Posts Tagged ‘ePortfolio’

Example 5: Watch how you can dictate to Windows speech-recognition (e.g. in English) and correct results in MS-Word

  1. Important: Listen carefully: I am not a native speaker, but have a reasonably low amount of errors, because it enunciate, speak clearly and slowly, and separate the words.
  2. Consider it part of the exercise that you will have to re-read and re-type some your output – use track changes in MS-Word:
    1. Make it a game: How good can you get?
    2. If you get really good at it, make a screencast like this one and include it in your Mahara ePortfolio  as authentic evidence of your foreign language proficiency.
  3. Overall, it’s like how I refer to cycling: Beats walking. Anytime. Smiley

Learning Materials eRepositories: Thoughts & Considerations

Cost- and time-saving benefits of learning material eRepositories include:

  1. sharing and reuse of content for the teacher ad learner
  2. de-duplication for the IT support

Typical issues I have encountered with learning materials repositories:

  1. questionable applicability of the software-object-oriented-design   (OOD)-derived concept of encapsulated and reusable learning “objects” to highly progressive subjects like language arts;
  2. also, a not uncommon problem of OOD gone wrong: having a “God-object” vs. SOLID-principled object-design, is even more of a risk with “learning objects”: Don’t they not always tend to be too complex to truly reap the benefits of having a design based on many small encapsulated and reusable objects in software programming?
  3. licensing & copyright or privacy FERPA restrictions preventing uploads and specialization of interest prevents the network effects which have made the open internet so pervasive (and disruptive to some businesses);
  4. nclor-equella-metadata curation using metadata implementing controlled vocabularies and ontologies , even if crowd-sourced, remains a daunting task for domain specialists for non-librarians, while it has been said to be the secret of librarians:

“als ob er jetzt das Geheimnis dieser Wände aussprechen müßte: ‘Herr General,’ sagt er ‘Sie wollen wissen, wieso ich jedes Buch kenne? Das kann ich Ihnen nun allerdings sagen: Weil ich keines lese!” Weißt du, das war mir nun beinahe wirklich zuviel! Aber er hat es mir, wie er meine Bestürzung gesehen hat, auseinandergesetzt. Es ist das Geheimnis aller guten Bibliothekare, daß sie von der ihnen anvertrauten Literatur niemals mehr als die Büchertitel und das Inhaltsverzeichnis lesen. ‘Wer sich auf den Inhalt einläßt, ist als Bibliothekar verloren!’ hat er mich belehrt. ‘Er wird niemals einen Überblick gewinnen!’” (Robert Musil, Der Mann ohne Eigenschaften)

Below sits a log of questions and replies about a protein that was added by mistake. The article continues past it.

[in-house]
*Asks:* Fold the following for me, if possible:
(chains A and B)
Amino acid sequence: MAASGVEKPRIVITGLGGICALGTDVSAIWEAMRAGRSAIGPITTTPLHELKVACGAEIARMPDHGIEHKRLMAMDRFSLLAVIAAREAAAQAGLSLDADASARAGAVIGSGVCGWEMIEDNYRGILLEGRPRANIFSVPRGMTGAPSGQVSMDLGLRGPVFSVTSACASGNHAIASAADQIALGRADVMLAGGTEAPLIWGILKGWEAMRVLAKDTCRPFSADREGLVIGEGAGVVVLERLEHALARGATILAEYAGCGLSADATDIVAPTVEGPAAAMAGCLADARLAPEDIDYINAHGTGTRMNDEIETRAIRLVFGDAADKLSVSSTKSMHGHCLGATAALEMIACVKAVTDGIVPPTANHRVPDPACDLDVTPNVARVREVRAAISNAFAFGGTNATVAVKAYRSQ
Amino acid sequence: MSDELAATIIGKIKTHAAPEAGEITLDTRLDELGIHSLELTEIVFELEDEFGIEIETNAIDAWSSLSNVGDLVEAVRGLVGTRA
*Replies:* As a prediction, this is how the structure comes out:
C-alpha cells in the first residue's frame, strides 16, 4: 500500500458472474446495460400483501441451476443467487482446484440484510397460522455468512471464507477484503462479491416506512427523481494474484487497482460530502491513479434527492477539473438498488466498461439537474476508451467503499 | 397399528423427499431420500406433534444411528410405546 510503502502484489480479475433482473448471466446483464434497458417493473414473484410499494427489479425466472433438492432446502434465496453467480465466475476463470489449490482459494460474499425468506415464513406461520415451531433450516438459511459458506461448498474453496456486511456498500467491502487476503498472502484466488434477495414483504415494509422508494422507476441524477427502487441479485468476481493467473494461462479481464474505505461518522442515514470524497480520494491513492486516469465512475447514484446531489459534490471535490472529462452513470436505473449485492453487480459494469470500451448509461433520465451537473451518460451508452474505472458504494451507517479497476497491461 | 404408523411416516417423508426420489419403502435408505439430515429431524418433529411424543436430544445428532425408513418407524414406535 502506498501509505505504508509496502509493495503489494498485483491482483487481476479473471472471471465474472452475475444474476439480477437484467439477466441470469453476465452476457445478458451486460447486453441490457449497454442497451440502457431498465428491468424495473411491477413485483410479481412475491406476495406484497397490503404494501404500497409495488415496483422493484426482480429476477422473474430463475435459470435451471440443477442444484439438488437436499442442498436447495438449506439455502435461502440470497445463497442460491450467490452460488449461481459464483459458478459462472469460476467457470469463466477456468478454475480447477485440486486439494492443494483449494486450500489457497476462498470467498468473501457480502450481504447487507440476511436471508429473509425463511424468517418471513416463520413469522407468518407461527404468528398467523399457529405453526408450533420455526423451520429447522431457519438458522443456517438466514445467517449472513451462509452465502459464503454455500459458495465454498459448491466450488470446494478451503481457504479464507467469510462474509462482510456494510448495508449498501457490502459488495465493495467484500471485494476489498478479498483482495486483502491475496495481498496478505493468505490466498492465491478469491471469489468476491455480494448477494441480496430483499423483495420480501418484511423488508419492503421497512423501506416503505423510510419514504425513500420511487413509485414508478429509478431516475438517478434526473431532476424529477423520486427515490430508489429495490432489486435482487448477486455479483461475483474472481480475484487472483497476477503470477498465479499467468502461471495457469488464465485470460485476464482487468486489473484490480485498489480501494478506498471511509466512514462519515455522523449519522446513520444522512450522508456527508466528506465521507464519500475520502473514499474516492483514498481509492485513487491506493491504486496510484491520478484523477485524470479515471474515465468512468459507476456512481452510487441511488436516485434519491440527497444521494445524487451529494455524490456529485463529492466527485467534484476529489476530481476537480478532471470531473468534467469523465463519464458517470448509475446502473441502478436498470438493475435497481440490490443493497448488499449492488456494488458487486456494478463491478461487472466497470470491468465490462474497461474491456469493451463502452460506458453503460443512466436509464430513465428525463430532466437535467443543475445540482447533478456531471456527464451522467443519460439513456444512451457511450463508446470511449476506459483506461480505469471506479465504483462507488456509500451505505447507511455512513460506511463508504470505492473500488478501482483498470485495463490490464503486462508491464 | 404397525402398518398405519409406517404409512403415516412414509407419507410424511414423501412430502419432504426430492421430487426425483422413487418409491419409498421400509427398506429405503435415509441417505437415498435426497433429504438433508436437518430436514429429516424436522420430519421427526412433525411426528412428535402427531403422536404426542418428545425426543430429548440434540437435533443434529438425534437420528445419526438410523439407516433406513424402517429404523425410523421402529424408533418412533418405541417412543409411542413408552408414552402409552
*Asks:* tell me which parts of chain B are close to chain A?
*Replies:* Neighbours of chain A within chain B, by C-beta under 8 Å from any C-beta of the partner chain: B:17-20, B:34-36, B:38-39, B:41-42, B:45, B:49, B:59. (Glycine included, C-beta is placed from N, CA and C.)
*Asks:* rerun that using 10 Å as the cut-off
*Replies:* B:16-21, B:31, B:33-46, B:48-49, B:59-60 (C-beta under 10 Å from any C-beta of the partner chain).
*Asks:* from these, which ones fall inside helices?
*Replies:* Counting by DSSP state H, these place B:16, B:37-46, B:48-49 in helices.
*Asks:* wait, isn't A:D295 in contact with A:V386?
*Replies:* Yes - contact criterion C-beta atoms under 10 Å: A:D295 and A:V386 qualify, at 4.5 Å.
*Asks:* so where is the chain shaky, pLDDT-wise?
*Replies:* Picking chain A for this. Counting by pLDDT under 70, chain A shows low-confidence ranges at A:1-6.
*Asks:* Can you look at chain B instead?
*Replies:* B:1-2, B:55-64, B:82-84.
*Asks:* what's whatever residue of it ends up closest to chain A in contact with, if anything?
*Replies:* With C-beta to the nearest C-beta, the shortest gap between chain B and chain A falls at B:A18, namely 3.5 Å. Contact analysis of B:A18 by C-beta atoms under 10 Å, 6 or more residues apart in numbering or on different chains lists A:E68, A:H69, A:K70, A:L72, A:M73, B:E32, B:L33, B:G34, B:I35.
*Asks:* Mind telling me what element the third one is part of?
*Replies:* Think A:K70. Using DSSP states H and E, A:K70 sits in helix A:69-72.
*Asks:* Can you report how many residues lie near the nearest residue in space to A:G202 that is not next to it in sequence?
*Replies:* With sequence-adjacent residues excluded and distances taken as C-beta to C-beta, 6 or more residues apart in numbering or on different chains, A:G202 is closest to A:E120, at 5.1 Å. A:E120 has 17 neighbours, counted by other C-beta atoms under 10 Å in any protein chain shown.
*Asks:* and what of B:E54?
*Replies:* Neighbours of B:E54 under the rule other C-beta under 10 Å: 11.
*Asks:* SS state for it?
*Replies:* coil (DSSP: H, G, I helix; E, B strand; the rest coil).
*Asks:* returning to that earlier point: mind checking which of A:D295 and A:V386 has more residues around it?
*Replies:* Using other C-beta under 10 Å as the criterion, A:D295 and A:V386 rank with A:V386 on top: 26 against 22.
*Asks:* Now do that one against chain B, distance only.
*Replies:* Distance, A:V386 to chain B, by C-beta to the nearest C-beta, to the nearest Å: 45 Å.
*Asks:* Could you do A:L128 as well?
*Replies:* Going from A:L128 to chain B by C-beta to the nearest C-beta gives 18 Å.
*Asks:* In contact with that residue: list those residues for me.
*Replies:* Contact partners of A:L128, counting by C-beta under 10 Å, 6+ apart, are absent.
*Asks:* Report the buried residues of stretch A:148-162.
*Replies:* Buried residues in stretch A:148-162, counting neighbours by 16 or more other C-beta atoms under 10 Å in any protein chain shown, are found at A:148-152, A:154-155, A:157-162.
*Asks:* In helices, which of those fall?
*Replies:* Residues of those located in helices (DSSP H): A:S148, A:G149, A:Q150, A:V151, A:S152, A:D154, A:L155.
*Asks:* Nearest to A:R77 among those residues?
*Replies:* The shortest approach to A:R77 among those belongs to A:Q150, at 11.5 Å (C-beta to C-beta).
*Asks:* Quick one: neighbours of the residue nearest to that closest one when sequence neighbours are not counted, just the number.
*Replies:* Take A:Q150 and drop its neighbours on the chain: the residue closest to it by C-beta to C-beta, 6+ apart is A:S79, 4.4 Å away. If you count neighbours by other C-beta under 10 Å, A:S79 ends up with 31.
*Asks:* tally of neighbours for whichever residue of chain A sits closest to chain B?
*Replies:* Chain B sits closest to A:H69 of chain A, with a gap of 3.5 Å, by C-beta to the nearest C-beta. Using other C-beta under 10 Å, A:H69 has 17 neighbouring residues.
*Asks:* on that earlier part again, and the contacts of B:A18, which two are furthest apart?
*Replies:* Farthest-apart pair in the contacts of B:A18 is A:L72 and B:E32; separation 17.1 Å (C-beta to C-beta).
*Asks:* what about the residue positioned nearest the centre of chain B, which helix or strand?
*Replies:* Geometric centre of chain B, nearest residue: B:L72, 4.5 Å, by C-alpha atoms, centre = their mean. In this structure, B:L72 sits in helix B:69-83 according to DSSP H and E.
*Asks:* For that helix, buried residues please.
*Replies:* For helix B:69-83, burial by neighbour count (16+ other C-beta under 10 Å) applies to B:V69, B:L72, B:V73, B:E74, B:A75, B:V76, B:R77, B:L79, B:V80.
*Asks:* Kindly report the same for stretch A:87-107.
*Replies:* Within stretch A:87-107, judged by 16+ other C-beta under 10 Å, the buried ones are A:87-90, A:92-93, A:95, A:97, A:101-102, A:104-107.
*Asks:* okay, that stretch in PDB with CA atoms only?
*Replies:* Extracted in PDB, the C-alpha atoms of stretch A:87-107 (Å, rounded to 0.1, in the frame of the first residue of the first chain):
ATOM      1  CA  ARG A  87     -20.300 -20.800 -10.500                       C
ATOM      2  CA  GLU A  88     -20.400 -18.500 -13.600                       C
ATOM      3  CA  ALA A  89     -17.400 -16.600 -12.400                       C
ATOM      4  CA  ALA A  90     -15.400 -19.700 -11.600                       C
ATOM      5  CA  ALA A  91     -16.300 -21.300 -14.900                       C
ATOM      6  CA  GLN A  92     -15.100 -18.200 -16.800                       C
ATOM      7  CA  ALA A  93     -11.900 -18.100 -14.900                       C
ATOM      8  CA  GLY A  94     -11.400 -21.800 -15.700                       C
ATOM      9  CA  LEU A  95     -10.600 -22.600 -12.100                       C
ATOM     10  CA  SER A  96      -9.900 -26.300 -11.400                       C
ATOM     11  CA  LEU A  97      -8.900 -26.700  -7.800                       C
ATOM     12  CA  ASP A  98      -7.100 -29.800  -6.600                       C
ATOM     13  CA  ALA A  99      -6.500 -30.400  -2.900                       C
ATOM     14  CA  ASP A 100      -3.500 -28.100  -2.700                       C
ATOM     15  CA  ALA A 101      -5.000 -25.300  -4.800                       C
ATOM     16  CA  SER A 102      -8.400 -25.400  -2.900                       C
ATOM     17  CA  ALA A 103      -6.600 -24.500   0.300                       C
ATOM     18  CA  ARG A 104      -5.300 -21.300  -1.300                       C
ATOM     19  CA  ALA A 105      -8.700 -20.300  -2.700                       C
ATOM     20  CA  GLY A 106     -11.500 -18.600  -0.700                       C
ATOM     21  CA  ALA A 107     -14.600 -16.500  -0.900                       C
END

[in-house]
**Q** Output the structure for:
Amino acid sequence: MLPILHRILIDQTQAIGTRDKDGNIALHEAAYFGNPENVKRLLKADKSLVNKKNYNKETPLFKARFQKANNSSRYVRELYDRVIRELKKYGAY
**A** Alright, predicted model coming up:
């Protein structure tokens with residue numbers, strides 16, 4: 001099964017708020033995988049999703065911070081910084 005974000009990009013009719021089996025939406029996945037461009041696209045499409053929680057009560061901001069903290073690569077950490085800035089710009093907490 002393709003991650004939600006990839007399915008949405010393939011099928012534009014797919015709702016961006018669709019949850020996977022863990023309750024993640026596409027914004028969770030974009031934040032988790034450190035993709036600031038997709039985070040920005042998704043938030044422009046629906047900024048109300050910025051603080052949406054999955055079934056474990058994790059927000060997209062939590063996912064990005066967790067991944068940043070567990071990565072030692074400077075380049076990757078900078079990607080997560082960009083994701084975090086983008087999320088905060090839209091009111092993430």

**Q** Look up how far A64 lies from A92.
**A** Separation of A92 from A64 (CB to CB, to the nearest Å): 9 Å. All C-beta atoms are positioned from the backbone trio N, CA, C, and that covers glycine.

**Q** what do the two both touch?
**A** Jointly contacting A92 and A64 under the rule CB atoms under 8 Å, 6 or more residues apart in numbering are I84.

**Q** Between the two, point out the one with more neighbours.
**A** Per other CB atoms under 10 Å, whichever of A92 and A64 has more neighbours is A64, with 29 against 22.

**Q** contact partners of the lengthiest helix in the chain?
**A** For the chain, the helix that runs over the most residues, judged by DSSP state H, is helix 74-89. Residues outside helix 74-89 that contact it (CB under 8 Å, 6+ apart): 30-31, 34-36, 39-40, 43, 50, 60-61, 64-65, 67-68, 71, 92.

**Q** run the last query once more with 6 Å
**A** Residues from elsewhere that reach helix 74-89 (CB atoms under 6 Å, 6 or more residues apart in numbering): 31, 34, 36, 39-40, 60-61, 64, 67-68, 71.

eRepository implementations I have used:

  1. Our Moodle instance is still looking for an erepository system to integrate. We are getting some eRepository benefits (easy reuse across courses without need for term-wise recycling/re-upload; de-duplication) by implementing [your language here] metacourses in which we enroll all [your language here]  “child courses”
  2. The equella eRepository is used by NC-LOR, and TBA:I have managed learning materials in it earlier, in conjunction with Blackboard – most recommended (at least then) among educational technologists, but not for the faint of heart, which seems to have limited the faculty adoption (and for which NC-LOR may have been a reference implementation, if I remember correctly). One of the things I did not like about equella when I used it (2006-2008) was the seemingly endless point-and-click-and-WWWait.
  3. The Blackboard content-system was WebDAV based and therefore, once you had established the connection of your client to the WebDAV share (which MS-VISTA WebDAV updates unfortunately temporarily broke ),  featured an extremely user-friendly integration with the MS-Windows shell that  allowed for batch-handling of files in a familiar, fast “fat client” interface.
  4. I was, when it was first released, and its metadata-tagging features advertised by Jon Udell, highly impressed by – and consequently have become an avid proponent of, and much more active photographer itself –  MS-Windows Vista (now also in: Live) PhotoGallery which combines intuitive use with great speed . However, requirements for managing and sharing a personal photo and video collection are not nearly as complex as for shared learning materials (although I have also used it managing my personal work ePortfolio).